Vinod Rai and the ‘notional’ loss to CAG’s credibility

For those who fumed that we needed a Lok Pal to cure all our corruption woes, a decade since 2011, all we know is that corruption has only increased, and some of it is institutionalised

Vinod Rai (Photo Courtesy: Social Media)
Vinod Rai (Photo Courtesy: Social Media)
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Ranjona Banerji

The Nation’s Conscience Keeper, Vinod Rai, has apologised to Congress politician Sanjay Nirupam for, well, lying. Is that a polite way of putting it? When your conscience, which holds the nation together, knows that you have told a porky, does it take a court case and a threat of possible pecuniary punishment for your conscience to wake up. Should one indeed apologise if one had spoken the truth?

Rai was the Comptroller and Auditor General (CAG) of India. So, the nation’s Accountant rather than its conscience keeper. Anyone who has followed even one single corporate scam or even the various international banking disasters knows that accountants are somehow integral to every single act of chicanery – large-scale or small.

Anyway, I quibble. The Conscientious Accountant i.e. Rai had in September 2014 accused Nirupam of being one of a group of Members of Parliament who pressured him to remove former prime minister Manmohan Singh’s name from the 2G spectrum allocation case.

To go back further in time, Rai as CAG had claimed in 2011 that India’s exchequer had suffered an alleged loss of over Rs 30,000 crore and a notional or presumptive loss of Rs 1.76 lakh crore because of corruption in the allocation of 2G spectrum. This report, together with the revelations of the Niira Radia tapes that telecom companies lobbied to choose a telecom minister of their choice, set off a massive campaign against corruption in India and led to the collapse of the second UPA government.

The huge apparent success of India Against Corruption, the rise of AAP and the eventual publicity blitzkrieg that led to the ascension of Narendra Modi as emperor of India find their origin in the Conscience Keeper’s work. The 2G spectrum, the Commonwealth Games, coal auctions all set the blood of middle-class Indians roiling.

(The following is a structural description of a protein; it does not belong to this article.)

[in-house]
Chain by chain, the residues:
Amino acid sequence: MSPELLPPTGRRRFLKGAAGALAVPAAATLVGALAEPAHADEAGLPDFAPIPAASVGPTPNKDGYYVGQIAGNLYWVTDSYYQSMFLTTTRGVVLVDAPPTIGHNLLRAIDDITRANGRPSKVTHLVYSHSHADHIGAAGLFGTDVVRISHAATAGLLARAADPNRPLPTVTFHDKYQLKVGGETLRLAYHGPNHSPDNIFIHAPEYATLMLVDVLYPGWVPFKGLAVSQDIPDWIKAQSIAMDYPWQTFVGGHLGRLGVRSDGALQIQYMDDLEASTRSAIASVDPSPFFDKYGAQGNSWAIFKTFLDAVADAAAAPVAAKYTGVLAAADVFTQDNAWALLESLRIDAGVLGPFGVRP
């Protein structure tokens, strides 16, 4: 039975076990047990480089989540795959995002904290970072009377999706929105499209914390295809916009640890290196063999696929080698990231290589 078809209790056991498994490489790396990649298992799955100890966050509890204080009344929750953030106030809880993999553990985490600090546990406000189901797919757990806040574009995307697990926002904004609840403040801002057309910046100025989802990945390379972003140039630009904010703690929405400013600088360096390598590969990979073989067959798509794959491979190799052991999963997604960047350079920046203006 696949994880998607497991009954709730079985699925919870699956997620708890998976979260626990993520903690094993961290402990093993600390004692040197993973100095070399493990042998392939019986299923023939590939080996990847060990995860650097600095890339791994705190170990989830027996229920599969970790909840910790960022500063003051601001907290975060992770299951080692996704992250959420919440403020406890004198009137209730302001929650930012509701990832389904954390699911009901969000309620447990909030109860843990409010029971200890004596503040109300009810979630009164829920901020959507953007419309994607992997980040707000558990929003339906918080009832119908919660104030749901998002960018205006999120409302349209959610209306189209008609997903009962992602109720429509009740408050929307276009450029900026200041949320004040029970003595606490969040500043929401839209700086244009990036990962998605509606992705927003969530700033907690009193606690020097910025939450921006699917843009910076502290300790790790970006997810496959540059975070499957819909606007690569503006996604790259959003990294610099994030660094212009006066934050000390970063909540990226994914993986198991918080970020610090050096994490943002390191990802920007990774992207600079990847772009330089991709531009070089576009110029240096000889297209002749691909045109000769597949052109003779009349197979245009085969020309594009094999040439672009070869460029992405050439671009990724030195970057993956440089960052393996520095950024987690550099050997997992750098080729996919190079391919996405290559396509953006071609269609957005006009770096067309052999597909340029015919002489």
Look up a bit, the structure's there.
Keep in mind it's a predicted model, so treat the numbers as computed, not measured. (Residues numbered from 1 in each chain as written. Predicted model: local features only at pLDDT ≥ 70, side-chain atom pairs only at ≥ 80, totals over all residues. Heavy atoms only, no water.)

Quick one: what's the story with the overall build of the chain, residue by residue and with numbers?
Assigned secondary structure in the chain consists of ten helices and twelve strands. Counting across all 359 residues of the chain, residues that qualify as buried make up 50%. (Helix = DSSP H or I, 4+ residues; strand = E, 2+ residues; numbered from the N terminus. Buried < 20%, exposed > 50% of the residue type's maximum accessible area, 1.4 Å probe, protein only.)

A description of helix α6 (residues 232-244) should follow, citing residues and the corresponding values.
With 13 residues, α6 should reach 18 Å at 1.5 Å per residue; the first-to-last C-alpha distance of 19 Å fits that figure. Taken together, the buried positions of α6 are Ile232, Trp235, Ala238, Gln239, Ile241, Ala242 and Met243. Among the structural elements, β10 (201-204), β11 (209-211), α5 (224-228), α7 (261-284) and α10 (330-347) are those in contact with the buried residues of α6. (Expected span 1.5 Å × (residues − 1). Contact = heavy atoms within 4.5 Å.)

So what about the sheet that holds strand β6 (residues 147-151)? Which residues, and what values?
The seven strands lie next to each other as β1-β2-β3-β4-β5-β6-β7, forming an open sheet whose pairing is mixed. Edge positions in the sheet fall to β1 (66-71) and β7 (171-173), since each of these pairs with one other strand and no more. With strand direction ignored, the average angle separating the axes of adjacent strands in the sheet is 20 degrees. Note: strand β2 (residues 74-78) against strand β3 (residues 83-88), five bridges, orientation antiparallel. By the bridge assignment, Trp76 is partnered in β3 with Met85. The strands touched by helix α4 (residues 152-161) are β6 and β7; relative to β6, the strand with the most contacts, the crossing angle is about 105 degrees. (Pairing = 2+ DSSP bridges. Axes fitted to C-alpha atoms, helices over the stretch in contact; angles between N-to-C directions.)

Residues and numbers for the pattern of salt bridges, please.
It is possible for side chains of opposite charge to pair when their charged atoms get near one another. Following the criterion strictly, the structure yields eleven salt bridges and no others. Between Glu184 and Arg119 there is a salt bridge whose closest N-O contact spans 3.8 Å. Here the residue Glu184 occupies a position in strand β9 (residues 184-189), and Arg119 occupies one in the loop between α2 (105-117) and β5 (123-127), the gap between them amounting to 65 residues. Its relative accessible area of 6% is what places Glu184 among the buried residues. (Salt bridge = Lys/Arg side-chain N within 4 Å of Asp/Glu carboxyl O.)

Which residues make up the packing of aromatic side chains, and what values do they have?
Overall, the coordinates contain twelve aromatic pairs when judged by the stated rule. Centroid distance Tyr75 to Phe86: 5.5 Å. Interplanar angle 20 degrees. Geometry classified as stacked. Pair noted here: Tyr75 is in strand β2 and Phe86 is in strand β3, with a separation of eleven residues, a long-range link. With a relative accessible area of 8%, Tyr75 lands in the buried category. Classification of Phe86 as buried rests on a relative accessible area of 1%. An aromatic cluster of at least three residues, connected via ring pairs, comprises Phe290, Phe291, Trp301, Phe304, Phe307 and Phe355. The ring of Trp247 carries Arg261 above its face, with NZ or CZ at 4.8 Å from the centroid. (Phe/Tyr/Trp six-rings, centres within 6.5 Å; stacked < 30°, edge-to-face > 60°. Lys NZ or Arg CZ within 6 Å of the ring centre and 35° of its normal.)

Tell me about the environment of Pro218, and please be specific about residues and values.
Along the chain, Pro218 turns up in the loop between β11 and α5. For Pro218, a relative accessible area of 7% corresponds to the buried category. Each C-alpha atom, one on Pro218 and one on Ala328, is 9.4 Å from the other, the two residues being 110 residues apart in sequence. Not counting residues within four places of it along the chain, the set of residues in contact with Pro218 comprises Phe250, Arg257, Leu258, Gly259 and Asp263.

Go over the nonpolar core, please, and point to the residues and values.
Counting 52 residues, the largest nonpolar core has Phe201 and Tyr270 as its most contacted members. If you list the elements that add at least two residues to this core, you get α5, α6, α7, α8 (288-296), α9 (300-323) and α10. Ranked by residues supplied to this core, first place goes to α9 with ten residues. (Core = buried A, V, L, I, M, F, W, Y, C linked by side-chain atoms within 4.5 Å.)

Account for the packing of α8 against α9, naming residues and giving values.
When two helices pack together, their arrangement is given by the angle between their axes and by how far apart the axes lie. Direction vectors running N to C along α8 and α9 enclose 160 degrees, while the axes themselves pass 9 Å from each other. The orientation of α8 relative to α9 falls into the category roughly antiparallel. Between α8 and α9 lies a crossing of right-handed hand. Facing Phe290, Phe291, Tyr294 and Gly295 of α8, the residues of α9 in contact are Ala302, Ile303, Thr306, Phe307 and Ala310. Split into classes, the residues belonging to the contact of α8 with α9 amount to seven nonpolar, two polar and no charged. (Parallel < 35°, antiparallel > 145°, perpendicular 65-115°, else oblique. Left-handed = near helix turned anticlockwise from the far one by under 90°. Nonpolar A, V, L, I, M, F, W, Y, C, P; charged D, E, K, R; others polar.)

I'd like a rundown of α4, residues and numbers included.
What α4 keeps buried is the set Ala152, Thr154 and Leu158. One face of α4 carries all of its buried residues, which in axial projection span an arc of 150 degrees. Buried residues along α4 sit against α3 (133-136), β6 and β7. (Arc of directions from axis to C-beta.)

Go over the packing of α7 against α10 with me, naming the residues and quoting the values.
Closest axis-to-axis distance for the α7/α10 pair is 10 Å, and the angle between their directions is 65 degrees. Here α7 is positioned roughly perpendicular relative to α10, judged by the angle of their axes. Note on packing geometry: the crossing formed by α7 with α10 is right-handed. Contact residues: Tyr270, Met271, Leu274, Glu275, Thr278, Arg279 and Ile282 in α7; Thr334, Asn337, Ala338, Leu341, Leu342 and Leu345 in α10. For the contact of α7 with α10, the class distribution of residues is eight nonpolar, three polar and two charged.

Indeed, one cannot argue that there was no corruption at all. But maybe this apology shows that the list of sins thrown at the government of the day was quite exaggerated.

Because, for instance, in the 2G “presumptive loss” case, the loss it turned out was to India’s exchequer and to the telecom industry as a whole, thanks to Rai’s creative arithmetic. Any number of telecom companies shut down and many international companies left India. At the end, the courts fined a few companies and acquitted the accused.

Subsequent spectrum auctions made the exchequer almost no money at all. We now stand with one major telecom company, favoured by the Modi Government, a couple of strugglers and stragglers and no choice for the consumer.


What then does Rai’s apology mean today? As many of us made connections between corruption and the UPA government and many other fumed that we needed a Lok Pal to cure all our corruption woes, a decade since 2011, all we know is that corruption has increased especially since Modi’s diabolical demonetisation policy. Some of it is now institutionalised through electoral bonds and the PM-CARES Fund. As far as Lok Pals are concerned, no one cares any more.

The Conscience Keeper went on to accept several rewards from the new government and sat on many committees and positions. His conscience has perhaps been on the backfoot since, as the coffers and shenanigans of the BCCI remain as confusing as ever despite Rai’s “efforts” on a Supreme Court appointed special committee to run Indian cricket.

Rai’s apology to Nirupam is “unconditional”. Suppose you want to be kind and accept that Rai made a mistake. We all do. Some conscience that takes seven years and a defamation case to wake up. Or one could infer that Rai’s conscience did not want to take on India’s formidable legal system. In which case, what price conscience?

Basically, the evidence now tells us we were sold a dud.

Corruption is a good red-flag word, if you know how to use it. The Congress did not, crippled as it apparently is by earlier cases and allegations. The BJP is brazen about corruption when it is in the dock. It aims at some imaginary shadowy targets and then steps back when the muck falls. The people of India know that corruption is a way of life because they are the ones who visit government offices to get simple and complicated work done.

The tragedy of all this is that we need the CAG, but the Conscience Keeper has knowingly or unwittingly destroyed its credibility.

But it also means that when someone discloses a “notional” loss, do ask them to take a real hike. Up some high mountain far from you.

(Ranjona Banerji is an independent commentator. Views are personal)

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